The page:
Does your age affect your investment decisions? Well, yes and no!
If you have enough money to take care of your household expenses for all your life, you may not mind taking a few risks to maximize your wealth. But if you are approaching your retirement with a kitty that may outlive you only by a few years, maybe you won’t take chances.
Now let’s change the question slightly.
Imagine you are investing money in a popular mutual fund or a PMS scheme whose fund manager is aging. How concerned will you be? Do you think it will affect his decision-making in any manner? Well, yes and no!
While he is responsible for managing your money as diligently as he would manage his personal wealth; it’s still not his money. To give it a slightly different shade, what if he turns ultraconservative with age? Don’t you think you would miss some of the best investment opportunities of the future?
After all, as we grow older not only our risk appetite may run down but also our acceptance of new things. We may not resonate with the fast-changing world as we approach the autumn of our life.
But there are always some exceptions.
The investment philosophy of 91 year old Warren Buffett and 98 year old Charlie Munger hasn’t changed for decades now. These two die-hard proponents of value investing might have sounded much older in their 30s and 40s. And it would be too much too expect them to concur with the preferences of a generation that believes in getting everything delivered in under 10 minutes.
At the recently concluded shareholder’s annual conference of Berkshire Hathaway, Warren Buffett mocked the entire investment thesis of cryptocurrencies; no holds barred, and refused to subscribe to the theory of greater fools.
If you offer 1% of the US farmland to Warren Buffett for USD 25 billion or 1% of all apartments for USD 25 billion he might write you a cheque within a few hours. But if you offer him all the Bitcoins in the world for USD 25, he won’t buy it. You read it right, not even USD 25. Because he isn’t sure what he would do with them.
But there was a time when he refrained from technology stocks because he didn’t understand them, he claims. That said, Berkshire added Apple to its portfolio in 2016 and now it is one of the largest shareholders of Apple. Perhaps, cash flows and the on-ground delivery of the company did the trick.
So what is he buying now?
In March 2022, Berkshire Hathaway acquired Alleghany Corporation for USD 11.6 billion. Alleghany conducts insurance and reinsurance business through TransRe, RSUI group, and CapSpecialty. Alleghany Capital, on the other hand, holds stakes in companies from diverse sectors including engineering, auto, life sciences and hospitality, amongst others.
Interestingly, Alleghany Capital’s investment criteria resemble those of Berkshire Hathaway’s.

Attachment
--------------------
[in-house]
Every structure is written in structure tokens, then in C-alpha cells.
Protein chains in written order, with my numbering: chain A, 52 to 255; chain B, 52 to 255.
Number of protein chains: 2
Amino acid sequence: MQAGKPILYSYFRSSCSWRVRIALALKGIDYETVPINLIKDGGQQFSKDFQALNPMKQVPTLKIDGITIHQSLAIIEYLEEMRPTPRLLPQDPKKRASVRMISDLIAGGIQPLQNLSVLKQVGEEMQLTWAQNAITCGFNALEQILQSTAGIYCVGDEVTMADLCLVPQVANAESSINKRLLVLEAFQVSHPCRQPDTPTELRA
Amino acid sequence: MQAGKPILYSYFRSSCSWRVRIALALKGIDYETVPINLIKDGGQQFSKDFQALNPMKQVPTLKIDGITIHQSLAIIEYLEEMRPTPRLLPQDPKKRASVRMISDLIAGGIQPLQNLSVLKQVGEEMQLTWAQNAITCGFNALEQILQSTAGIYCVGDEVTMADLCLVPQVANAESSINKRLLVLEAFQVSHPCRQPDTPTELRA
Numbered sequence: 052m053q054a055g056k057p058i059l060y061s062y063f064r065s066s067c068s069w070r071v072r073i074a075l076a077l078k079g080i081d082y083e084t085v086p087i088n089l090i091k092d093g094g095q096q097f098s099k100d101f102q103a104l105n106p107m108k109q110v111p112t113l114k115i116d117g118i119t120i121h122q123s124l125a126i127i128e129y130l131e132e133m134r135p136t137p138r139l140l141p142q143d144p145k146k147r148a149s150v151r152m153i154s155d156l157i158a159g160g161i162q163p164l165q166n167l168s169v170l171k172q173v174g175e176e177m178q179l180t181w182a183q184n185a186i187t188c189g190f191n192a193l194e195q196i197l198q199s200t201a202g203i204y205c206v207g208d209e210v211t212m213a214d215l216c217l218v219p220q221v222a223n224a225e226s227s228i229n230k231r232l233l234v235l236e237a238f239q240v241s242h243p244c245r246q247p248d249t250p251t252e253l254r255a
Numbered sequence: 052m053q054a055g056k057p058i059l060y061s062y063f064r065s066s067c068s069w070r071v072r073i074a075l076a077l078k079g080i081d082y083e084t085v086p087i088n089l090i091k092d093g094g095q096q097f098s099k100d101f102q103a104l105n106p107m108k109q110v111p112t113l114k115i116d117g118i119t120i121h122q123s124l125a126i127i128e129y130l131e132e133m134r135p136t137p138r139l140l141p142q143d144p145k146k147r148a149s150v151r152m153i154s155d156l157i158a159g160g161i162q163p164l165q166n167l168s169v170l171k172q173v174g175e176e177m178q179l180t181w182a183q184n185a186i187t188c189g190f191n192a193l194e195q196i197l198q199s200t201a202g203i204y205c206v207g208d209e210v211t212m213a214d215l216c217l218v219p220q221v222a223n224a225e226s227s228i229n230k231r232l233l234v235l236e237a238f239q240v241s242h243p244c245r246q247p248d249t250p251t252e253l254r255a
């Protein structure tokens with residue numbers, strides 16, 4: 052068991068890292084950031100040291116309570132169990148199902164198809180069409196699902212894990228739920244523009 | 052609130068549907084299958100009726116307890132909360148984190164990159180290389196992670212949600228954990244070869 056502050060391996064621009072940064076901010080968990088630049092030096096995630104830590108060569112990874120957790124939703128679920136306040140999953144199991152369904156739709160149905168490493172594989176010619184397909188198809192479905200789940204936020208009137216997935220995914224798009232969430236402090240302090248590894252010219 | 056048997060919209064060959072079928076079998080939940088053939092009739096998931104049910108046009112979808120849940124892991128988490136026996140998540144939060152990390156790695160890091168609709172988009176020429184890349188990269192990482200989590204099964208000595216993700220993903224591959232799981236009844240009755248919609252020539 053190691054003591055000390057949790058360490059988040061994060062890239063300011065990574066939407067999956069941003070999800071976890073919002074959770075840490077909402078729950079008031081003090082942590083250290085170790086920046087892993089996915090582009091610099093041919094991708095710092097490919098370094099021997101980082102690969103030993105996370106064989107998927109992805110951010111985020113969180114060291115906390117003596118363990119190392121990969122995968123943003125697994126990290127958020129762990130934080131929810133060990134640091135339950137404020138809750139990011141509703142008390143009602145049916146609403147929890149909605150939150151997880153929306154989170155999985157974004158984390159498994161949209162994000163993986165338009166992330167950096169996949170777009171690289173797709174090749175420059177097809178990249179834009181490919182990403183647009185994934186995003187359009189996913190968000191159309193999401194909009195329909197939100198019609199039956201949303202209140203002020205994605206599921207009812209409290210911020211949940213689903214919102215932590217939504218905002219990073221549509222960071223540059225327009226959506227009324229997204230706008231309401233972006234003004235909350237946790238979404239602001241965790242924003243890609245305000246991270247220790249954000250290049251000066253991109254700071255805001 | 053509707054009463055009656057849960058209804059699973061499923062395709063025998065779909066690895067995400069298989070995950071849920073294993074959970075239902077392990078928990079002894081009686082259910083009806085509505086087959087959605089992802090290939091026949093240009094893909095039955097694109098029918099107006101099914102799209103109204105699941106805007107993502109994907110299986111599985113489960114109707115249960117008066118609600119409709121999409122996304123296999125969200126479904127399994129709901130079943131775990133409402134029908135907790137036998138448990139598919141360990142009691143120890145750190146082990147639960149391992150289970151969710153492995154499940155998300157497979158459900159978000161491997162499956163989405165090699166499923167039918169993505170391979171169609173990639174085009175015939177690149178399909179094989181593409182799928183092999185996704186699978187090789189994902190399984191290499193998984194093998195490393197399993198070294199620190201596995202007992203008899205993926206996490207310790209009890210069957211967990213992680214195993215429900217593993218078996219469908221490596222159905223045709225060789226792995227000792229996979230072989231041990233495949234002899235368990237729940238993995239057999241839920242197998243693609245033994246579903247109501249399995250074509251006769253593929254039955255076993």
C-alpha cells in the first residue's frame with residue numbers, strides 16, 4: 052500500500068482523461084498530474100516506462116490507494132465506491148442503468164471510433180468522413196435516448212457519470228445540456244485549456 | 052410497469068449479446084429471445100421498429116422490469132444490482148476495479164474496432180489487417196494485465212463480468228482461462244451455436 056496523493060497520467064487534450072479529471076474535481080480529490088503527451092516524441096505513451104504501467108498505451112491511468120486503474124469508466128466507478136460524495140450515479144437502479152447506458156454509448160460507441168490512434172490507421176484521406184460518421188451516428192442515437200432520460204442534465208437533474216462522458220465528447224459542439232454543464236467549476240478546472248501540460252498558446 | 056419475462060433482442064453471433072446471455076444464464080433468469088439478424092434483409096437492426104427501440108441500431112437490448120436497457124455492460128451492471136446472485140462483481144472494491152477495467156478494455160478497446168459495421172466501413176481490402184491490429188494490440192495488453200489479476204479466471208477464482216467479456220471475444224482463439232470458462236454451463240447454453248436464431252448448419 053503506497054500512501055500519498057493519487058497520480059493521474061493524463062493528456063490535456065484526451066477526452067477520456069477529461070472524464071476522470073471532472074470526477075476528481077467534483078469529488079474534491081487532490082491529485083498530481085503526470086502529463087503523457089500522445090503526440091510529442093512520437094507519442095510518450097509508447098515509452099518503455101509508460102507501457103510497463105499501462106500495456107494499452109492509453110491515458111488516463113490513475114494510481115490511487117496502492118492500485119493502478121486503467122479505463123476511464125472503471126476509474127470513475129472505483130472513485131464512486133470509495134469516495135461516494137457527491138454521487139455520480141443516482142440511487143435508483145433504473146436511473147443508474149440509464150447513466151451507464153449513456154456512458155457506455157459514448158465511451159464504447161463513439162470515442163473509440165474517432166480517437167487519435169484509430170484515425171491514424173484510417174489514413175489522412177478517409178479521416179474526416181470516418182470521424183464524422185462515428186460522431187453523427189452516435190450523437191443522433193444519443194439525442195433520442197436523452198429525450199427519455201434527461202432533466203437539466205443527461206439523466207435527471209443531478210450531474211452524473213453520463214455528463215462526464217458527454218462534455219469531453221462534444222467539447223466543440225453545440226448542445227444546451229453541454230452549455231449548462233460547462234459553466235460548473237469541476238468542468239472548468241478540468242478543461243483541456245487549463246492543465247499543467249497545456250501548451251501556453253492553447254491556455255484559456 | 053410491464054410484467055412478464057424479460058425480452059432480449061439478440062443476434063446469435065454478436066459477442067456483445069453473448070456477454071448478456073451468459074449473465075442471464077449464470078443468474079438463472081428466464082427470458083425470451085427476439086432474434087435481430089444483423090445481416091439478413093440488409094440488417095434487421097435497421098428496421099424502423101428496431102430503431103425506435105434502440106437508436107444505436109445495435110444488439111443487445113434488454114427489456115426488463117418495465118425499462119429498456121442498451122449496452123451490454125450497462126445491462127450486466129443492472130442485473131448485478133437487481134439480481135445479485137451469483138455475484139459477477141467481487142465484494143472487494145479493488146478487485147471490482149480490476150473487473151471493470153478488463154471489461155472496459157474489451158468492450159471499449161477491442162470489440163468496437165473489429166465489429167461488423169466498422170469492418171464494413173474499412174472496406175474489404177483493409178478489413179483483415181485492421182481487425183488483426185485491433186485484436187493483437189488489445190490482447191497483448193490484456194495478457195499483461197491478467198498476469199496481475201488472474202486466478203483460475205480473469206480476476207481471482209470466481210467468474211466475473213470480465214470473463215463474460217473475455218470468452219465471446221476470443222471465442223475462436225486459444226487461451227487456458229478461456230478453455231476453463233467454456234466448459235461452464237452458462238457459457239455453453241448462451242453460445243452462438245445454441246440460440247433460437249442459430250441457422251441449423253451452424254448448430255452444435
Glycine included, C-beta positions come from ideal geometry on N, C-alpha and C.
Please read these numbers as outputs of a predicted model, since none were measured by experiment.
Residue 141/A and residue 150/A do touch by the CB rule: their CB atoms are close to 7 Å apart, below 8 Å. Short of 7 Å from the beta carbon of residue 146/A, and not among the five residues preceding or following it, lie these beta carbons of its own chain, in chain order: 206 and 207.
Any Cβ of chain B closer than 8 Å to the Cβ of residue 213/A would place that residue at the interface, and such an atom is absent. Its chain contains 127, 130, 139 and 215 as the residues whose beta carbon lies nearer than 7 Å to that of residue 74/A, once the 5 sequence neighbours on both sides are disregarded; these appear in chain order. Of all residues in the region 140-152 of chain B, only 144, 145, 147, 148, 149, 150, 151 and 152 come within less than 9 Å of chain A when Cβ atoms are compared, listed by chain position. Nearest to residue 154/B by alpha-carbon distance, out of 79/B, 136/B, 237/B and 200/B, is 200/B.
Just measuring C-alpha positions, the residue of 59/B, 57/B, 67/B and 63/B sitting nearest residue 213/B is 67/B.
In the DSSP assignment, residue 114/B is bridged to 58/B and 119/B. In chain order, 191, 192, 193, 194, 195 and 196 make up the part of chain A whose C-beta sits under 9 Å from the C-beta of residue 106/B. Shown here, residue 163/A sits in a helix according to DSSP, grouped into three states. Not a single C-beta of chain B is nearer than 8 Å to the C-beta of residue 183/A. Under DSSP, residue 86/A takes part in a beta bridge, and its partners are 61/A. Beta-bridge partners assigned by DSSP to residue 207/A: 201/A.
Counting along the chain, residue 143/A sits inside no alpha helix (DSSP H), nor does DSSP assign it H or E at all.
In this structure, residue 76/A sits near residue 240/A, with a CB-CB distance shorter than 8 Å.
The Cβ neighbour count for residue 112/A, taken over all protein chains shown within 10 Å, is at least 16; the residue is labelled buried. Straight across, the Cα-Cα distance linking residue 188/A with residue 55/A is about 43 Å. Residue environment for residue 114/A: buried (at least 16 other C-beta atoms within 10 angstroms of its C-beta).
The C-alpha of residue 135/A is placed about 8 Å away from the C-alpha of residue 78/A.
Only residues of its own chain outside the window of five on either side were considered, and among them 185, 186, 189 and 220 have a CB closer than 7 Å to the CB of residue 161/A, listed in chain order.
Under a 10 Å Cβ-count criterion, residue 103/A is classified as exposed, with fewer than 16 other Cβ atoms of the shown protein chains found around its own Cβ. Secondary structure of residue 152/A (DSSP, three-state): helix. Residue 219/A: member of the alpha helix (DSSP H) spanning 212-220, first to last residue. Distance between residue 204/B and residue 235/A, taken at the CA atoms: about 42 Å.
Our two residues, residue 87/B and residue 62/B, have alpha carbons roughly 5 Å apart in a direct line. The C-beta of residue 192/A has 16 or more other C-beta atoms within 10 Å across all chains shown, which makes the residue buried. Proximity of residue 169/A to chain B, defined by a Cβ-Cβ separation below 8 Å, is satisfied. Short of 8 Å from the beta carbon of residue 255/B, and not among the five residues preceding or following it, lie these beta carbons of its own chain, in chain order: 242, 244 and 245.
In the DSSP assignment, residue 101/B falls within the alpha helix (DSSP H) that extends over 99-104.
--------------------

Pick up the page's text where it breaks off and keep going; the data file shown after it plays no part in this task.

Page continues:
Alleghany Capital believes in picking up stakes in companies that:
- Are managed by experienced and like-minded people having long-term orientation and strategic vision to exploit growth opportunities
- Have scalable business models
- Hold leadership position in product/services categories they cater to
- Have established track records of earnings throughout business cycles
- Have limited risk of technological devolution
Alleghany Capital doesn’t shy away from investing in cyclical businesses (something that modern day fund managers aren’t comfortable with)
In the first quarter of 2022 (January-March quarter), Berkshire Hathaway made a net investments of USD 41.4 billion. At a time when high tech companies are reeling under pressure, Berkshire raised its stake in Apple. Moreover, it also acquired 11% stake for USD 4.2 billion in HP—a company that manufacturers desktops, laptops and mobile devices—Apple’s competitor in the PCs market, in other words.
It picked up 13% stake in Occidental Petroleum, a US-based upstream oil and gas company. If Berkshire decides to exercise its warrants to up its stake in Occidental, it would end up owning about 22% interest in the company.
Berkshire is also slated to acquire an additional 41.4% stake in Pilot Flying in 2023, a leading truck stop chain company in the North American markets.
Going by the pattern of Berkshire’s recent investments, it appears that the legendary investors—Warren Buffett and Charlie Munger are bullish on the prospects of crude oil. Large commitments to Pilot Flying and an indirect exposure to cyclical businesses through the acquisition of Alleghany suggest that Berkshire sees strong prospects for the US economy.
Although many have perceived Berkshire’s investments in HP as a value pick, it could also suggest that digital adoption is far from over. The sale of PCs and laptops shot up during the pandemic owing to the hybrid work environment.
Some crucial observations
With Berkshire’s acquisition of Alleghany Corporation, the ownership of insurance companies is slated to consolidate in the US. In contrast, with LIC going public, the ownership pie of India’s life insurance sector is expanding and becoming more diverse as well.
We have extensively covered all the crucial developments for you just in case you want to know anything about LIC IPO and apply online.
You may also like to read: From fishing to bottom fishing!
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